I thank the Star Tribune for investigating and reporting on the appalling refusal by Minnesota police departments to investigate or pursue prosecution of rape and sexual assault (“Denied Justice"). But the Sept. 30 article “Overwhelmed by rape cases” confused cause and effect. Lack of training didn’t cause this appalling injustice; lack of training is a symptom of a police culture that treats rape as unimportant and low-priority. It’s a symptom of a terrible problem throughout America — in schools, police departments, churches and Congress.
Far too often, Americans tolerate, condone, defend, justify, ignore and cover up rape and sexual assault, and protect rapists and child molesters from the law. When a survivor finds the courage to come forward, she’s called a liar or a slut, humiliated and threatened with violence. Many police, church officials and lawmakers don’t take sexual assault seriously. Statutes of limitations are designed to prevent investigation and prosecution. Simply put, far too many Americans don’t believe sexual assault matters, or that rapists should be brought to justice. Until that changes, serial rapists and child molesters will continue to ruin lives with impunity.
ELLEN SCHOUSBOE, Edina
Don’t tear down the houses that working people can afford
The Minneapolis 2040 Comprehensive Plan calls for total up-zoning of land use in Minneapolis. Land use matters. Redlining in Minneapolis denied minorities homeownership for decades. The result is the fact that 75 percent of whites are homeowners and only 25 percent rent, while 30 percent of Minneapolis blacks own homes and 70 percent rent. Before we destroy the dream of homeownership, we should make sure families have had the chance to own a home for a few generations. Let them catch up before we tear down the houses working people can afford. We are both first-generation homeowners and know what it means to have a place where you won’t be evicted.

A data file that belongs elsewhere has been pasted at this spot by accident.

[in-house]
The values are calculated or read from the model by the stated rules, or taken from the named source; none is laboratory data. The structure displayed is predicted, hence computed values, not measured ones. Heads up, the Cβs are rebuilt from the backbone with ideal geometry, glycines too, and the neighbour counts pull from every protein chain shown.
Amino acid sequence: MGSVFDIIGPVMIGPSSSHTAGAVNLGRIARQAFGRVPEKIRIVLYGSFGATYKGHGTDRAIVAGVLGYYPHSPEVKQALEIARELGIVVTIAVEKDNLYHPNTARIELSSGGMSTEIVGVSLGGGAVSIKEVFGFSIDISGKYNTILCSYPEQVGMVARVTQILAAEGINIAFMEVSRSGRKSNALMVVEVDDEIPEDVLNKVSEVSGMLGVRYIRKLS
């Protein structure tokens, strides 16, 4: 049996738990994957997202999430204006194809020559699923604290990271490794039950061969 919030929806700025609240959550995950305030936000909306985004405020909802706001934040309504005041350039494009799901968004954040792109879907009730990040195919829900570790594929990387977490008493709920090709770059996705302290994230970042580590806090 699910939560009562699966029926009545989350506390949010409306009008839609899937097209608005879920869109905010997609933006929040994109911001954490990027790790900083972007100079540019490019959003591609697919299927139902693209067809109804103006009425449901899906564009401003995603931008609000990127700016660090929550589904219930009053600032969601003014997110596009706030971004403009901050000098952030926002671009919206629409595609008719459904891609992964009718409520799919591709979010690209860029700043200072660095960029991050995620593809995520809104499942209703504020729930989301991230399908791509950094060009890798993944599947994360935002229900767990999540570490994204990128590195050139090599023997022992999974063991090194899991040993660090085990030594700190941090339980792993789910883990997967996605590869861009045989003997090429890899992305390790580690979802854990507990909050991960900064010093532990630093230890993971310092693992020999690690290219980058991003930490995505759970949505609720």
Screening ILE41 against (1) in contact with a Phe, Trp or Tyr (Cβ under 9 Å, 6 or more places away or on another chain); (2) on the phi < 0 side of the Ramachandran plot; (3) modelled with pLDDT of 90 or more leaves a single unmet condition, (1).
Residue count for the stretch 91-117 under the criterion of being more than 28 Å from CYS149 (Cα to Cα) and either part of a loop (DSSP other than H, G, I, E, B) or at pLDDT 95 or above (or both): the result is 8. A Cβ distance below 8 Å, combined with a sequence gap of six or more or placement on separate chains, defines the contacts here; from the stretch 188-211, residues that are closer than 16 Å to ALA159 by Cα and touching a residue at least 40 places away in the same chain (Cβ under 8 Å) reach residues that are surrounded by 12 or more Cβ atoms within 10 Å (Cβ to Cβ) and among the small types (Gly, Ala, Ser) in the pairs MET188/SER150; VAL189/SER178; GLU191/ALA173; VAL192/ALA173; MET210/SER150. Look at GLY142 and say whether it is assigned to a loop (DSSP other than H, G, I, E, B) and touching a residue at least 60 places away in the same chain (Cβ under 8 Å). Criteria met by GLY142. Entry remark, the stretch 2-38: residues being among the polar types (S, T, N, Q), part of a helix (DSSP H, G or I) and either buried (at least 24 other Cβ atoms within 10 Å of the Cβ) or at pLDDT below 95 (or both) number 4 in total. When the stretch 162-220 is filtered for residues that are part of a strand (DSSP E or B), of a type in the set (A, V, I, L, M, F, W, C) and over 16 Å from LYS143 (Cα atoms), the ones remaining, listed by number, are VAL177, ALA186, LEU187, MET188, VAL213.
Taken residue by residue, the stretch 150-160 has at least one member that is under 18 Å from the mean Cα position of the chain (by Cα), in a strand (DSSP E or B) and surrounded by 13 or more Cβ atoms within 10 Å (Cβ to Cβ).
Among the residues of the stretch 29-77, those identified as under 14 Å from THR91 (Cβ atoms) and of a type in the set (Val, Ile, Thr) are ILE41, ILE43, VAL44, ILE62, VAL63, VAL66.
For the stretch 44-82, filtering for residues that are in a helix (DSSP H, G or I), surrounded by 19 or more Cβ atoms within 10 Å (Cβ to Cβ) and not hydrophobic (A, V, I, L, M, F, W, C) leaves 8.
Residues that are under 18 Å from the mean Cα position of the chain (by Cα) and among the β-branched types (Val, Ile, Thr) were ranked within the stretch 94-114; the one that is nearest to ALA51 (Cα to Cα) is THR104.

Affordable housing funds could be used for down payment assistance whereby working people pay back the down payment at the end of the 30-year mortgage. Mortgages must return to a fixed rate over 30 years. The city should subsidize these fixed-rate mortgages with affordable housing funds. That is real rent control. In the end, everyone should be able to pass on some wealth to their families. For working people, that is homeownership.
Also, the 2040 plan is an attack on elders who live on a fixed income. Once a home is paid off, seniors will be adversely affected when their taxes keep going up and up as corporate-owned, multifamily units replace affordable single-family or owner-occupied duplex homes for families. Stop the 2040 plan.
ARLENE ZAMORA and NANCY PRZYMUS, Minneapolis
LINE 3 PIPELINE
Minnesota Commerce Dept. undermines its economic goals
You don’t often see a state agency whose mission is, in its words, to “advocate for consumers, ensure a strong, competitive and fair marketplace” and “strengthen the state’s economic future” work to undermine its own agenda (“State agency files to stop Line 3,” Sept. 26).
Yet that’s what happened when the Minnesota Commerce Department asked utility regulators to vacate their decision to grant Enbridge a permit for Line 3. Maintaining Line 3 and pipelines like it would help lower high energy expenses for low-income families who regularly spend a dangerously larger percentage of their pay on electricity and natural gas than those in other income brackets. With more affordable energy, these households could decrease their dependency on energy assistance programs.